Given that that readout switches from miles to feet below 0.1, your point is moot. I can see it tick down from 528. Please go troll elsewhere.

     

    -strontium87

  9. I've noticed that with pretty much all traditional GPS receivers, they display the distance to caches using two decimal points which is more and more useful the close one gets to a cache. But, in the mobile apps, the distance to cache shows only one decimal point. So for example, as I get close to a cache, the reading goes jumps from 0.2 miles to 0.1 miles away.

     

    GPSr will show 0.21, 0.18 and so forth which is VERY USEFUL! Is there some reason the apps don't show this second decimal place? I'd really like to know if I'm actually 0.19 miles away or 0.1 but in both cases, the app only display 0.1.

     

    Thanks,

    -strontium87

  10. Any update on this one? I've run in to the issue again on the <td> tag. The HTML instructions on the cache creation page explicitly list title as an accepted attribute for the <td> tag but my title attributes get stripped out. I need this information for accessibility reasons. I have a series of boxes where a person needs to fill in the answer to a question, and one of the letters in each answer is used in a key to get a number. If someone is blind or otherwise can't see color on his or her screen, then the flagged block is not obvious. I had title tags in the <td>s that indicate a space between words (title="space") and in the <td>s that indicate the key letter in the answer (title="key letter").

     

    Please advise when this issue will be fixed.

  11. I wanted to see what people's opinions were about using "tools" to retrieve caches that are described as requiring climbing (3.5-5 terrain difficulties) and are placed up high in trees, hanging from light posts, etc. There is a series here in Austin that says it was designed to promote caching cooperation, like going with a child and lifting him/her up to the cache or into the tree to retrieve it. But, as I have come to find out, many people cache with tools like ladders, grabbers, long sticks and so forth to make getting to caches like these easier (or not at all challenging). To me, that seems against the spirit of the cache and I wonder what the community sentiment is--is this an issue of geocaching ethics? On the other hand, while I have been the one to climb and get a couple of these caches, it is usually another cacher doing so (I couldn't climb a light pole to save my life) and I sometimes think that isn't right either since I didn't personally make the grab or physically assist the other person in doing so. Thoughts?

  12. Just about every HTML tag should allow the title attribute to provide hidden tooltip text. But I've done several tests adding code in the text areas for creating a new cache and the title tag is stripped out of the rendered code every time. Use of the title tag is integral to certain tags like <acronym> and <abbr> where the title provides information about what the text means.

     

    When a user check the box for "The descriptions below are in HTML", the list of tags shows that title is an allowed attribute for many tags but it doesn't get displayed on the final page. Please advise.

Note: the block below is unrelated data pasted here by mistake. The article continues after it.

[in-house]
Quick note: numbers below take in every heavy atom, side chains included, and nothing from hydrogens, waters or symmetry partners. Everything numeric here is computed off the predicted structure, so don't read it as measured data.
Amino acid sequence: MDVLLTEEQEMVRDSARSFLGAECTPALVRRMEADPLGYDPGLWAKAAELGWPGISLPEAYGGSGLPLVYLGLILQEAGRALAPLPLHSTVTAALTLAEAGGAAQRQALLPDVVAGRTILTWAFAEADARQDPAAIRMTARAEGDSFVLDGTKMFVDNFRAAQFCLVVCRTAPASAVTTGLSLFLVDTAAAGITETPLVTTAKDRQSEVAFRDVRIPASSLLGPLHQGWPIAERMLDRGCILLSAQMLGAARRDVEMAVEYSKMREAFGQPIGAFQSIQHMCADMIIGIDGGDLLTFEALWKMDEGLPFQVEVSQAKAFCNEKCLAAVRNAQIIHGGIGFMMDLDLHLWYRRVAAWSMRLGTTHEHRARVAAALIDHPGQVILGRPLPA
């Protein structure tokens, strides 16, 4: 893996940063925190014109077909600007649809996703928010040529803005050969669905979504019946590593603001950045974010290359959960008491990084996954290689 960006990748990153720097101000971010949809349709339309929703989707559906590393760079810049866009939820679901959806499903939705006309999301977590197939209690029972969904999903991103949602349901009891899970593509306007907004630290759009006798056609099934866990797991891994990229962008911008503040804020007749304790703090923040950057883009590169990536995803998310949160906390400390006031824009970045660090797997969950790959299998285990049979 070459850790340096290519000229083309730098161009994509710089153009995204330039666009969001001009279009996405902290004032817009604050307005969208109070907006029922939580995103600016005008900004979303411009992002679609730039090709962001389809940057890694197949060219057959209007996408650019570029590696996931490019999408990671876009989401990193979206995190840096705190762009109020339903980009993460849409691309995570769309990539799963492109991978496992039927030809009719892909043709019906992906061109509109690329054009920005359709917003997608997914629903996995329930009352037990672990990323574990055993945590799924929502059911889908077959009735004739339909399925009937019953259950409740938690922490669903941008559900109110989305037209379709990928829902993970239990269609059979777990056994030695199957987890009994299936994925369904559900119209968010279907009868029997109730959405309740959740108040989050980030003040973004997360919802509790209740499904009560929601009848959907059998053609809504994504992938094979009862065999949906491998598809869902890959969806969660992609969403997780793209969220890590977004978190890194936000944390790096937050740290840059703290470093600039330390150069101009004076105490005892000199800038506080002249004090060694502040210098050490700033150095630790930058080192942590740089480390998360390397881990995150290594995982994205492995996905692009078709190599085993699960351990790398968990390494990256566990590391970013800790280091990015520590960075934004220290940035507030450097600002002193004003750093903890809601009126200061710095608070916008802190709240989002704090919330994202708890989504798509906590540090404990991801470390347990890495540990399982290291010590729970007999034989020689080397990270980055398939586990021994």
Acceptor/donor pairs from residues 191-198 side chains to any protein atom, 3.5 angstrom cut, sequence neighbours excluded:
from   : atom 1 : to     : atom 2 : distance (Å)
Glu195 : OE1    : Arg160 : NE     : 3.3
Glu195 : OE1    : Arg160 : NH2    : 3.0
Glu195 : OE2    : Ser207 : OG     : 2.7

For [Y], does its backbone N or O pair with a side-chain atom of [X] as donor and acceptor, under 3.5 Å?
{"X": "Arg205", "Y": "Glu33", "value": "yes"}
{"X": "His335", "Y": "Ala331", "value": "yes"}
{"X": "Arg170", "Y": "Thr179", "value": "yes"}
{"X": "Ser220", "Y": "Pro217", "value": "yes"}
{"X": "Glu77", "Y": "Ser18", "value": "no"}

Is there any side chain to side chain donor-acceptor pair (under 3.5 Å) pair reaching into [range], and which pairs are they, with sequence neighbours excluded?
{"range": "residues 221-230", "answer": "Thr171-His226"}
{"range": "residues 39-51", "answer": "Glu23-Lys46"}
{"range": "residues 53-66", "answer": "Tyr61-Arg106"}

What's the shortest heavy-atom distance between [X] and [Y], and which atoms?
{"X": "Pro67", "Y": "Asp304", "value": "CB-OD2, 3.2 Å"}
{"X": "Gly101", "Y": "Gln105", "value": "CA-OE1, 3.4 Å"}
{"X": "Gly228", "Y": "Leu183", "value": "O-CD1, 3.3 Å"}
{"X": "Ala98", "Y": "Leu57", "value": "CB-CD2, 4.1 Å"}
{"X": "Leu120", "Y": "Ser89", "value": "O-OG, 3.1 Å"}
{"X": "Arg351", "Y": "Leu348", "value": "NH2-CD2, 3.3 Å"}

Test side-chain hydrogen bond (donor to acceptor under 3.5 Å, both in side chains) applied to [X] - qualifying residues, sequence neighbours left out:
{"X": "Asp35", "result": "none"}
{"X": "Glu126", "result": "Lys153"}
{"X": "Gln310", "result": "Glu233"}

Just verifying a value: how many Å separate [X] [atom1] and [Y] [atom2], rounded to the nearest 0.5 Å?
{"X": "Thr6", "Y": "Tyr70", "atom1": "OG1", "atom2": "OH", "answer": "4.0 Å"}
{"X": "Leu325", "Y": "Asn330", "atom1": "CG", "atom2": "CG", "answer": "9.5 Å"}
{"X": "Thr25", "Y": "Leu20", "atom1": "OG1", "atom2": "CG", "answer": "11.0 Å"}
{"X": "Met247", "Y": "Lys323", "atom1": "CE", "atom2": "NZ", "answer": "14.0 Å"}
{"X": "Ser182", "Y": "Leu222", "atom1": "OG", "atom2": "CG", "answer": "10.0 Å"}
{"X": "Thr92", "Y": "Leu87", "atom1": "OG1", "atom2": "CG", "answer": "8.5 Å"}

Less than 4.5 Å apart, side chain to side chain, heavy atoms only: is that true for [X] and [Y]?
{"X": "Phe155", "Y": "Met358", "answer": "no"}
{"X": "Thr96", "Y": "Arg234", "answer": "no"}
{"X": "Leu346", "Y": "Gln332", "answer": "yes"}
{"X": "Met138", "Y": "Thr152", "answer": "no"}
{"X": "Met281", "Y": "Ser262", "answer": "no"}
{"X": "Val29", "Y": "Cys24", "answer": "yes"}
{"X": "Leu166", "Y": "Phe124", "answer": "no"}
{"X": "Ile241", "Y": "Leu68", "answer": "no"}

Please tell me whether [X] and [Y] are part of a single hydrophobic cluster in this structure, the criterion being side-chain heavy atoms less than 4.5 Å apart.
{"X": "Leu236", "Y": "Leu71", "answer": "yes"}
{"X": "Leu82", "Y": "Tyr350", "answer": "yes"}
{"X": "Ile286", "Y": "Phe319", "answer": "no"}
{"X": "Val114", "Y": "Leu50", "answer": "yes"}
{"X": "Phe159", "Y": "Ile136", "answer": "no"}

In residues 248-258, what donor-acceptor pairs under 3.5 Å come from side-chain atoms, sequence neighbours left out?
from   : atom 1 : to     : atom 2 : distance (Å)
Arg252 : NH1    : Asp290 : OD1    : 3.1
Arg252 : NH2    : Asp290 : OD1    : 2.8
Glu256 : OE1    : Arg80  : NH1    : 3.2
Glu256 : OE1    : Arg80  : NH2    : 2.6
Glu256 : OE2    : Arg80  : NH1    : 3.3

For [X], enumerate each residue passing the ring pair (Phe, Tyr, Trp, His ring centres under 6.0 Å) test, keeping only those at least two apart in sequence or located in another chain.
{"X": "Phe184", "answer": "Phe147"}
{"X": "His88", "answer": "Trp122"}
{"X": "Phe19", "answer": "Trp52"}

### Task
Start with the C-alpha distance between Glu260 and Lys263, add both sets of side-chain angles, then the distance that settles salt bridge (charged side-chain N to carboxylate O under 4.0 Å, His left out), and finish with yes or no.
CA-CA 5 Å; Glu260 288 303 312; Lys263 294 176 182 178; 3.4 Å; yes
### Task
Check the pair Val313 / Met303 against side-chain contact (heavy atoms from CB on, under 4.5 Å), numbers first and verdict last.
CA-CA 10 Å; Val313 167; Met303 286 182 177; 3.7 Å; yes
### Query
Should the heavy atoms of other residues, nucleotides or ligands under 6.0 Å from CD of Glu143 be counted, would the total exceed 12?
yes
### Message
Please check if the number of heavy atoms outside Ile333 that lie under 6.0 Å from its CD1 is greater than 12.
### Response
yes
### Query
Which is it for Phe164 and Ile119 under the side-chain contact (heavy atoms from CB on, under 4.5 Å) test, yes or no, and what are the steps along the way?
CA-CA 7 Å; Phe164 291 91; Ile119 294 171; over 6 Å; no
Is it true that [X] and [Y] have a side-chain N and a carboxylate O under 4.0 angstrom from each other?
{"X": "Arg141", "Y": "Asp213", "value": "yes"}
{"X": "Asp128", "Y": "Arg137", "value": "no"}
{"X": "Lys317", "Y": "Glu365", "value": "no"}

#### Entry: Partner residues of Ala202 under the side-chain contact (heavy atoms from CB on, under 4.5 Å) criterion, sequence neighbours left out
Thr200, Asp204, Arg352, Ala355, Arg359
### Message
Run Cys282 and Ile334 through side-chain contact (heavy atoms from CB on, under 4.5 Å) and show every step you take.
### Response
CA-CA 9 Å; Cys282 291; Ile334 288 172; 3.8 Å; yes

13. OK, thanks for trying. Really I was hoping to use this as a a mystery idea.

     

    Best Regards

     

    Henrik

     

    You should be able to add a title attribute to just about any tag, but that actually seems to be the problem. I just tried using a <span> tag with a title attribute, and the tag gets stripped out. But, if I use a <span> tag with a style attribute, that shows up. I think this might be more an issue of not allowing the title attribute as well as issues with supporting some tags like <acronym>.

  14. Yes, I just tried it myself. This seems like a bug as neither of those tags render correctly, but if I go back and edit the listing, the HTML still appears in the field. I guess this needs to be posted as a bug. I just tried three other random tags--<center>, <h1>, and <marquee>--and those are working. Perhaps they did not correctly allow for <acronym> and <abbr>. Good find.

  15. Make sure you have a day of the week scheduled for the PQ to run and ensure that it has actually run. On the "Your Pocket Queries" page in the list of "Active Queries," the last column in the table shows when the query was last generated. I just created a new PQ, set it to run on Sundays, and it is showing up on my iPhone.

     

    The "run once and delete" option will not allow the PQ to show up on the iPhone it would appear.

  16. Sure it will...

     

    ??

     

    Not sure what your reply means. I have found every single cache I've searched for using the iPhone app; it works great. I do use a traditional GPSr to place caches though as everyone has pointed out, it is more accurate. But depending on the type of cache this person is placing, it might not matter if s/he uses the iPhone app to get coordinates.

  17. You can't create virtual caches anymore--that cache type has been grandfathered. As Pup Patrol noted, there is now a separate game called Waymarking that is essentially all virtual caches.

     

    From http://www.geocaching.com/about/cache_types.aspx:

     

    Grandfathered Cache Types

    These are cache types that are no longer available for creation on geocaching.com. Visit the Waymarking web site for other GPS hunting activities.

     

    Virtual Cache

    A Virtual Cache is about discovering a location rather than a container. The requirements for logging a Virtual Cache vary—you may be required to answer a question about the location, take a picture, complete a task, etc. In any case, you must visit the coordinates before you can post your log.

     

    Although many locations are interesting, a Virtual Cache should be out of the ordinary enough to warrant logging a visit.

     

    Virtuals are now considered waymarks on Waymarking.com.

  18. It looks like the user ID shows up if you go to the user's profile page and copy (or hover over) the URL where it says "View Forum Posts for this User". For example, my URL looks like

     

    http://forums.Groundspeak.com/gc/index.php?app=core&module=search&do=user_activity&mid=4764941

     

    and my ID appears to be 4764941.

     

    I verified that this works even for users who have never posted in the forums.